U.S. Base Oil Price Report


While base oil postings were unchanged, a lot of competitive pricing seemed to be taking place behind the scenes. Speculation also arose about the impacts that President-elect Donald Trumps trade policies could have on base oils.

Following the initial surprise about the election results, some participants expressed concerns about potential trade policy changes that might affect the base oil industry in coming months.

However, many players expected that few – if any – immediate revisions would take place, as it would take some time before any new policies could receive approval.

A number of participants appeared optimistic that certain restrictions and regulations would be relaxed in the future, and ultimately benefit the oil and petrochemical industries.

In terms of base oil pricing, no posted price adjustments were announced during the week, but market players said that several suppliers continued to grant temporary competitive allowances and reduced spot values to entice buyers and reduce inventories ahead of Dec. 31.

The amounts of the discounts varied, leading to a wide price disparity among suppliers.

Some spot transactions were heard to be taking place at very low levels, close to production costs. I doubt that some of these sellers are making a profit, a source said.

A few cargoes were said to have been booked to Europe, and there were reports that a U.S. producer was selling large volumes to Mexico at very low prices as well, particularly of API Group I grades.

Mexican producer Pemex had been expected to restart its Group I unit in Salamanca following a month-long shutdown in early November, but a small explosion at the refinery has apparently delayed the start-up process of the base oil plant.

Despite potential opportunities to sell U.S. product to Mexican buyers due to the shortage of local material, the current exchange rate has hampered the conclusion of business, sources explained. Pemex was also heard to have reduced its list prices at the beginning of the month.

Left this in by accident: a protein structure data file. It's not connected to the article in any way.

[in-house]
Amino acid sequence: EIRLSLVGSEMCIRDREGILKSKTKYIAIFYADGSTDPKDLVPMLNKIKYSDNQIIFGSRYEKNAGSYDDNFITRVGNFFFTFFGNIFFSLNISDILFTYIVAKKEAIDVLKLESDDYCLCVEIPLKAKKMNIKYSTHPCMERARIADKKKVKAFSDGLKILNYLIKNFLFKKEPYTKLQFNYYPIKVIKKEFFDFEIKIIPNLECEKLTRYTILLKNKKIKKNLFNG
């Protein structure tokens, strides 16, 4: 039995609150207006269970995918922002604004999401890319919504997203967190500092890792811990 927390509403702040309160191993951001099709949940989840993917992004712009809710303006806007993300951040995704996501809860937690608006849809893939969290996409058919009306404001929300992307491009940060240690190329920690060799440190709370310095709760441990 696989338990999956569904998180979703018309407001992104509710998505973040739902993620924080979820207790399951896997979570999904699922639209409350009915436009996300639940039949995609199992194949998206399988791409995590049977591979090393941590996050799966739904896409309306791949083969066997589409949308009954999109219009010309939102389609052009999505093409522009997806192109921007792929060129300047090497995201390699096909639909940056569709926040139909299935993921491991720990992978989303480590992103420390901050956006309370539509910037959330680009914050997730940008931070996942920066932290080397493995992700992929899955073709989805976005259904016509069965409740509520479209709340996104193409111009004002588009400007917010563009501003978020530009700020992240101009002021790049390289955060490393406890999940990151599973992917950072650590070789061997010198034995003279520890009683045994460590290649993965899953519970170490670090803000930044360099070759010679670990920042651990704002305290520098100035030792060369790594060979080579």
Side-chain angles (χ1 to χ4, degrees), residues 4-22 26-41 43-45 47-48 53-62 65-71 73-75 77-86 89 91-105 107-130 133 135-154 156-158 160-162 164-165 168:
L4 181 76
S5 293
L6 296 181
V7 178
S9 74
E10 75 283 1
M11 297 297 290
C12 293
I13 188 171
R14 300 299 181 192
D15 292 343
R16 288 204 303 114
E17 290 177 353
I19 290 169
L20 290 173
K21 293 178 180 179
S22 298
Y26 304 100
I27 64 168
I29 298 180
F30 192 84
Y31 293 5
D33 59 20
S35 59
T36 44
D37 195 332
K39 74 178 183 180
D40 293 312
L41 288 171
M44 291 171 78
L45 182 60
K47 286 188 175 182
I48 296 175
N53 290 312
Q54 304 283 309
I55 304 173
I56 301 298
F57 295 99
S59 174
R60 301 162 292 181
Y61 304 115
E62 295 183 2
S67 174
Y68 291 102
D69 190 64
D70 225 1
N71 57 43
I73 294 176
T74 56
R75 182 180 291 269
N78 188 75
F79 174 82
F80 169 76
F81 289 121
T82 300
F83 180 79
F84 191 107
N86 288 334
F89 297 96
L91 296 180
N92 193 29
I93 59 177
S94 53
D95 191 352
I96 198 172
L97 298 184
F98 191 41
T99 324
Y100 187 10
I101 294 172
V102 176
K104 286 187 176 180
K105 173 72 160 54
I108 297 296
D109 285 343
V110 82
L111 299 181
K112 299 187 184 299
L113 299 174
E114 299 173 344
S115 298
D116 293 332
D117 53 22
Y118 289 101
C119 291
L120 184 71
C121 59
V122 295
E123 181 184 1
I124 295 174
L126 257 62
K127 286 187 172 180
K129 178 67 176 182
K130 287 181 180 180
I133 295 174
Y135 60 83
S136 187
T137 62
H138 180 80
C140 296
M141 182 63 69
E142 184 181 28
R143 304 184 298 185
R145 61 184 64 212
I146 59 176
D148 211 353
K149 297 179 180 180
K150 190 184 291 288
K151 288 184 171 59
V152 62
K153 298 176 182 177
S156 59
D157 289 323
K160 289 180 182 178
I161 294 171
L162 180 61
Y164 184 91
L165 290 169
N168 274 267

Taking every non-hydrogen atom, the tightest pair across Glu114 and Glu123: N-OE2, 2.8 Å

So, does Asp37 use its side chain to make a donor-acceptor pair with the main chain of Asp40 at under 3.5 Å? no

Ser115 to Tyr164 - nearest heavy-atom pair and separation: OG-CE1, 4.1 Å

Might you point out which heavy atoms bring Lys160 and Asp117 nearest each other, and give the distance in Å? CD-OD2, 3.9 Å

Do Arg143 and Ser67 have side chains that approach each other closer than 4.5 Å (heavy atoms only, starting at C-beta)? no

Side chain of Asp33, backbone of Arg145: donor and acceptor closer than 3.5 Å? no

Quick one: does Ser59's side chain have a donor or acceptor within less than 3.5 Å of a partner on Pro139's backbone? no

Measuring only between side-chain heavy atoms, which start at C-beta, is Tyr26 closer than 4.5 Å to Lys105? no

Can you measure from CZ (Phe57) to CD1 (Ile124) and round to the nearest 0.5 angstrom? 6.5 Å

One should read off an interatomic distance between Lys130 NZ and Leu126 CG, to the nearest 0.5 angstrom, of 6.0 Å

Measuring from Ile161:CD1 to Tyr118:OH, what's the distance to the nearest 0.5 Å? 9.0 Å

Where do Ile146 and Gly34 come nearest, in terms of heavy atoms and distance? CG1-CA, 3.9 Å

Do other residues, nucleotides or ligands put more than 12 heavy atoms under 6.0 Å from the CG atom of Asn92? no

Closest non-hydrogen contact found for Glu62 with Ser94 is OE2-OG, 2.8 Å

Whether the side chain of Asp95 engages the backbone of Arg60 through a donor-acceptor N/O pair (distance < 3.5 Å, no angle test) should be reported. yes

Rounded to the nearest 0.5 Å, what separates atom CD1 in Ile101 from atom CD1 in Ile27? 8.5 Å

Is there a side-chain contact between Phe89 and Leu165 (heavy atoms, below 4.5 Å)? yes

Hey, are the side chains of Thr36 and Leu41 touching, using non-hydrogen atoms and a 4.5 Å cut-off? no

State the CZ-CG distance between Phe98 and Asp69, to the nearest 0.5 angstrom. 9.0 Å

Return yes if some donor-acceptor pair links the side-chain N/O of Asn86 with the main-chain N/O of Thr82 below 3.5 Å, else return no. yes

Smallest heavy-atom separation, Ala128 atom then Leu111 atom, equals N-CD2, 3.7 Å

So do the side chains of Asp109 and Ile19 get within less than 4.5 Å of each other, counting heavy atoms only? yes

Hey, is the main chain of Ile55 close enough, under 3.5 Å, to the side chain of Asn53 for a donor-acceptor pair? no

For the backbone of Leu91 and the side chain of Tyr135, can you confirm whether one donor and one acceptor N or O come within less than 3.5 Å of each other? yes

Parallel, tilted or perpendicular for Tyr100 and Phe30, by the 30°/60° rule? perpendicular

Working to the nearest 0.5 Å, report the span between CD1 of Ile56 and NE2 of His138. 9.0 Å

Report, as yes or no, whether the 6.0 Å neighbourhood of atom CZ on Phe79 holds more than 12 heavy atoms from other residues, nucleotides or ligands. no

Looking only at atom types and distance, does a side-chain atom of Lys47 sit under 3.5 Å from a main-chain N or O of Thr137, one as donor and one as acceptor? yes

There continued to be rumblings that Group II/III material from the Ruwais, United Arab Emirates, base oil plant – operated by Takreer, which is Abu Dhabi National Oil Co.s refining arm – was being offered in the United States at very attractive prices, and that a third large cargo was scheduled to arrive shortly.

However, participants maintained that not many blenders would be able to use this product as it lacked approvals. Domestic sellers offering similar grades said that so far, they had not had to match the steep discounts, or otherwise compete with the levels being discussed for product from the Middle East.

Upstream, West Texas Intermediate futures jumped almost 6 percent on Tuesday, recovering from recent lows on expectations that OPEC would agree to a production freeze at a meeting on Nov. 30.

WTI futures on the CME/Nymex settled at $45.81 per barrel on Nov. 15, up 83 cents per bbl from the Nov. 8 settlement of $44.98 per bbl.

Light Louisiana Sweet wholesale spot prices closed at $44.39 per barrel on Nov. 14, down from $46.03 a week ago, according to data from the U.S. Energy Information Administration.

Brent was trading at $46.95 per bbl on the CME on Nov. 15, up 91 cents per bbl from $46.04 per bbl on Nov. 8.

In industry news, the American Fuel and Petrochemical Manufacturers Association announced at its International Lubricants and Waxes Conference in Houston last week that next years meeting would be held in conjunction with the International Petrochemical Conference in San Antonio, Texas, March 26-28.

Historic U.S. posted base oil prices and WTI and Brent crude spot prices are available for purchase in Excel format.

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